Rose Parade 2013: California's once-dominant flower industry struggles to regain market share

Cal Poly Rose Float penguin

Sharon McNary

Cal Poly Pomona student Nelson Chang unloads one of a dozen steel and foam penguin sculptures that will be covered with California-grown flowers and displayed on the university's Rose Parade float.

Pasadena's annual Rose Parade began as a promotional stunt trumpeting the region's year-round growing season. But today, most of the blooms come from Colombia and other countries. 

On a breezy day just before Christmas, a dozen Cal Poly University student volunteers unload a giant penguin from their truck of Rose Parade float supplies. This and other penguins sculpted of metal, screen and foam will soon be covered in flowers -- California flowers. And that makes them unique.

Just two of 41 floats in Tuesday's parade will be certified as California Grown by the state Food and Agriculture secretary. South Pasadena's giant sailing ship is one. Cal Poly's float, Tuxedo Air -- a penguin wearing an engine backpack poised to fly off a ski ramp, is the other.

Cal Poly Pomona student Nelson Chang says some of the flowers -- like tiny white statice petals that stand in for snow  -- grow on the Pomona and San Luis Obsipo campuses.

"We grow our statice based on the coloring we want for each float year. So this year since it is Tuxedo Air and we are in the penguin and an Arctic environment we decided to use white statice," he said.

But the students can't grow all the flowers they need, So some of the state's 225 big flower farms are donating blooms to Cal Poly's float, he said.

California's two-float showing in the Rose Parade reflects the state's declining share of the flower market. In the past 20 years, the state has lost half its flower growers.

Some 80 percent of cut flowers sold in the U.S. today come from outside the country, most from Colombia and Ecuador.

"Whether it's a grocery store or it's the Rose Parade, we see a dominance of imports now in the marketplace that weren't there when, obviously, the Rose Parade got started," said Kasey Cronquist, CEO of the California Cut Flower Commission. He said federal trade enacted policy 20 years ago ushered in a supermajority of a market share coming in from imports.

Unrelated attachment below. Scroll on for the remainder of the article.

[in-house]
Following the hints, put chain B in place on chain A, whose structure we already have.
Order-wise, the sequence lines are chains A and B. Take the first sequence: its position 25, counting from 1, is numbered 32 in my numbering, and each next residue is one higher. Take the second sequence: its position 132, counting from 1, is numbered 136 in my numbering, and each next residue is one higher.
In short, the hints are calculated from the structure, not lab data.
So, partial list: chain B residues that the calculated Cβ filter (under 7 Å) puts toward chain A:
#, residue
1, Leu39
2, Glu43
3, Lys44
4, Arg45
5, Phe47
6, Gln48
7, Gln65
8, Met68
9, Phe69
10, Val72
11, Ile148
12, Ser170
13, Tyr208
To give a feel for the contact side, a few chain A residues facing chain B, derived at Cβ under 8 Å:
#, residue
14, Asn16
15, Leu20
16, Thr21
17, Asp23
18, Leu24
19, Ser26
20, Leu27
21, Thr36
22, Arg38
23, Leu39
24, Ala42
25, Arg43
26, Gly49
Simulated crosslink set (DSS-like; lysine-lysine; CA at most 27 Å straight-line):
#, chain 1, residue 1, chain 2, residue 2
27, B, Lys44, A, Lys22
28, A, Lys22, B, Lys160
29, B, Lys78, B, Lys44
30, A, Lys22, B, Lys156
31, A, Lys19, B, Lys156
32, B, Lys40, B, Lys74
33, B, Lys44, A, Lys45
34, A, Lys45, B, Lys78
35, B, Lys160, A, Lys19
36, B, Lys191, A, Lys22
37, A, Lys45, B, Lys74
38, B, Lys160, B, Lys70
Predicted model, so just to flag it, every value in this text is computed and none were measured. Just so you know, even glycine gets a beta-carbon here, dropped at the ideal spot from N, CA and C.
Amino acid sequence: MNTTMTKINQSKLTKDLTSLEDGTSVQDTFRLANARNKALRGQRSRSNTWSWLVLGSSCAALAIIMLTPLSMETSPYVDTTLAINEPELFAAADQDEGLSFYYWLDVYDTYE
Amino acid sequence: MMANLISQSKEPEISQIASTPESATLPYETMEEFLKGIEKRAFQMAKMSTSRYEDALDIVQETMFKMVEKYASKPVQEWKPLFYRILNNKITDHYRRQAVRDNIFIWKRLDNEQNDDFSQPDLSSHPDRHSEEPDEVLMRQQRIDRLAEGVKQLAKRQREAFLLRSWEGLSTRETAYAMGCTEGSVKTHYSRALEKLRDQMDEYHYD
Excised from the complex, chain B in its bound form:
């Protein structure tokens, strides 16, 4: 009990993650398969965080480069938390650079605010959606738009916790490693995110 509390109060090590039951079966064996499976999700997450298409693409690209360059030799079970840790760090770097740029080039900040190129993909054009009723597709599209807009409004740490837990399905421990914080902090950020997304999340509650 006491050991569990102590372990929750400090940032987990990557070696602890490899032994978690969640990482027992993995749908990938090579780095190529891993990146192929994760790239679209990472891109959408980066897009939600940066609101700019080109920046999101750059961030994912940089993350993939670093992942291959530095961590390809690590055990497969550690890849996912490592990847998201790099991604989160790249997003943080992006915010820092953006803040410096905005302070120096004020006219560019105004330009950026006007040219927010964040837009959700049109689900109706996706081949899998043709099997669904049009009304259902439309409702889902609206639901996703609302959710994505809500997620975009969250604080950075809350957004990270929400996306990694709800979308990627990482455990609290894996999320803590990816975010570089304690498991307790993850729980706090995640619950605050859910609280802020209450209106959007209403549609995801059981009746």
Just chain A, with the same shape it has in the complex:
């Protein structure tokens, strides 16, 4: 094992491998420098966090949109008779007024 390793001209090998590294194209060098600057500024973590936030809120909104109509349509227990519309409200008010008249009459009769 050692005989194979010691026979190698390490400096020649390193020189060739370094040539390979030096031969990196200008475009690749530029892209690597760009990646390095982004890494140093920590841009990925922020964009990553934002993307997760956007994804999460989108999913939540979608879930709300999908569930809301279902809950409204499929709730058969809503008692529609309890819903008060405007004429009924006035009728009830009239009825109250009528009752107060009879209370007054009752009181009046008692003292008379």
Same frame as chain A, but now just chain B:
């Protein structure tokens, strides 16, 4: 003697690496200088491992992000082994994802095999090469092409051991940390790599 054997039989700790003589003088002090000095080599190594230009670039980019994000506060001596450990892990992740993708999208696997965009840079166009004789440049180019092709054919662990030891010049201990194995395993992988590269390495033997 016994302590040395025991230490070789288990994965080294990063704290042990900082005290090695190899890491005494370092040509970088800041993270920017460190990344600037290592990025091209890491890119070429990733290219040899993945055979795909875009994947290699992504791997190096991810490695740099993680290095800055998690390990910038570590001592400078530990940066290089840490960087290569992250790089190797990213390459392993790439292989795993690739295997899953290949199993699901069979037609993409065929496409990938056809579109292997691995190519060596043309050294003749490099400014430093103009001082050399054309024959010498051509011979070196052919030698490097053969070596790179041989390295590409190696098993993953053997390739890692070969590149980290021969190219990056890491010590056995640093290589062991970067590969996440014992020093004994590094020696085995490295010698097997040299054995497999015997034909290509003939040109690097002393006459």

Colombia's flower industry took off in the 70s and 80s. To give the Colombian economy an alternative to drug production, the U.S. Congress eliminated import fees on Colombian flowers in 1991. In exchange, Colombia had to meet annual anti-drug goals.

That same year, California's 500 flower growers banded together into the state-chartered, farmer-run Cut Flower Commission, it's mission to protect .  But the industry had already taken a the first big hit in what has become a 20-year slide.

"You saw a lot of investment both by our government and their government helping to build these flower farms which eventually became very tough competition for any domestic flower farm, certainly in California," Cronquist said.

Despite a shift of drug production into Mexico, Congress has continued to prop up the Colombian flower industry. Last year, lawmakers passed the Colombia Free Trade Agreement, which lifted remaining export barriers -- over California growers' objections.

So flower growers have shifted their tactics. They hope to lower costs by consolidating shipping. And they are making a big publicity play. They're donating flowers to the Cal Poly Rose Parade float and asking consumers to look for flowers with a little blue license plate logo that reads "CA GROWN."

"We have been working really hard at helping people understand why CA flowers are America's flowers," Cronquist said. "Obviously we can do year-round production, and we are the local choice."

Cal Poly San Luis Obispo landscape architecture student Harrison Bergholz, who helped oversee the Penguin float decoration, said he's  saddened that more of his peers aren't using locally-grown blooms.

"California was the largest producer of roses in the world, and back then that was the case, they were grown in Carpinteria and other areas because we had the perfect weather. Now most of them are grown in Colombia and other South American regions such as that for a cheaper price," he said. "It's taking away from the tradition."

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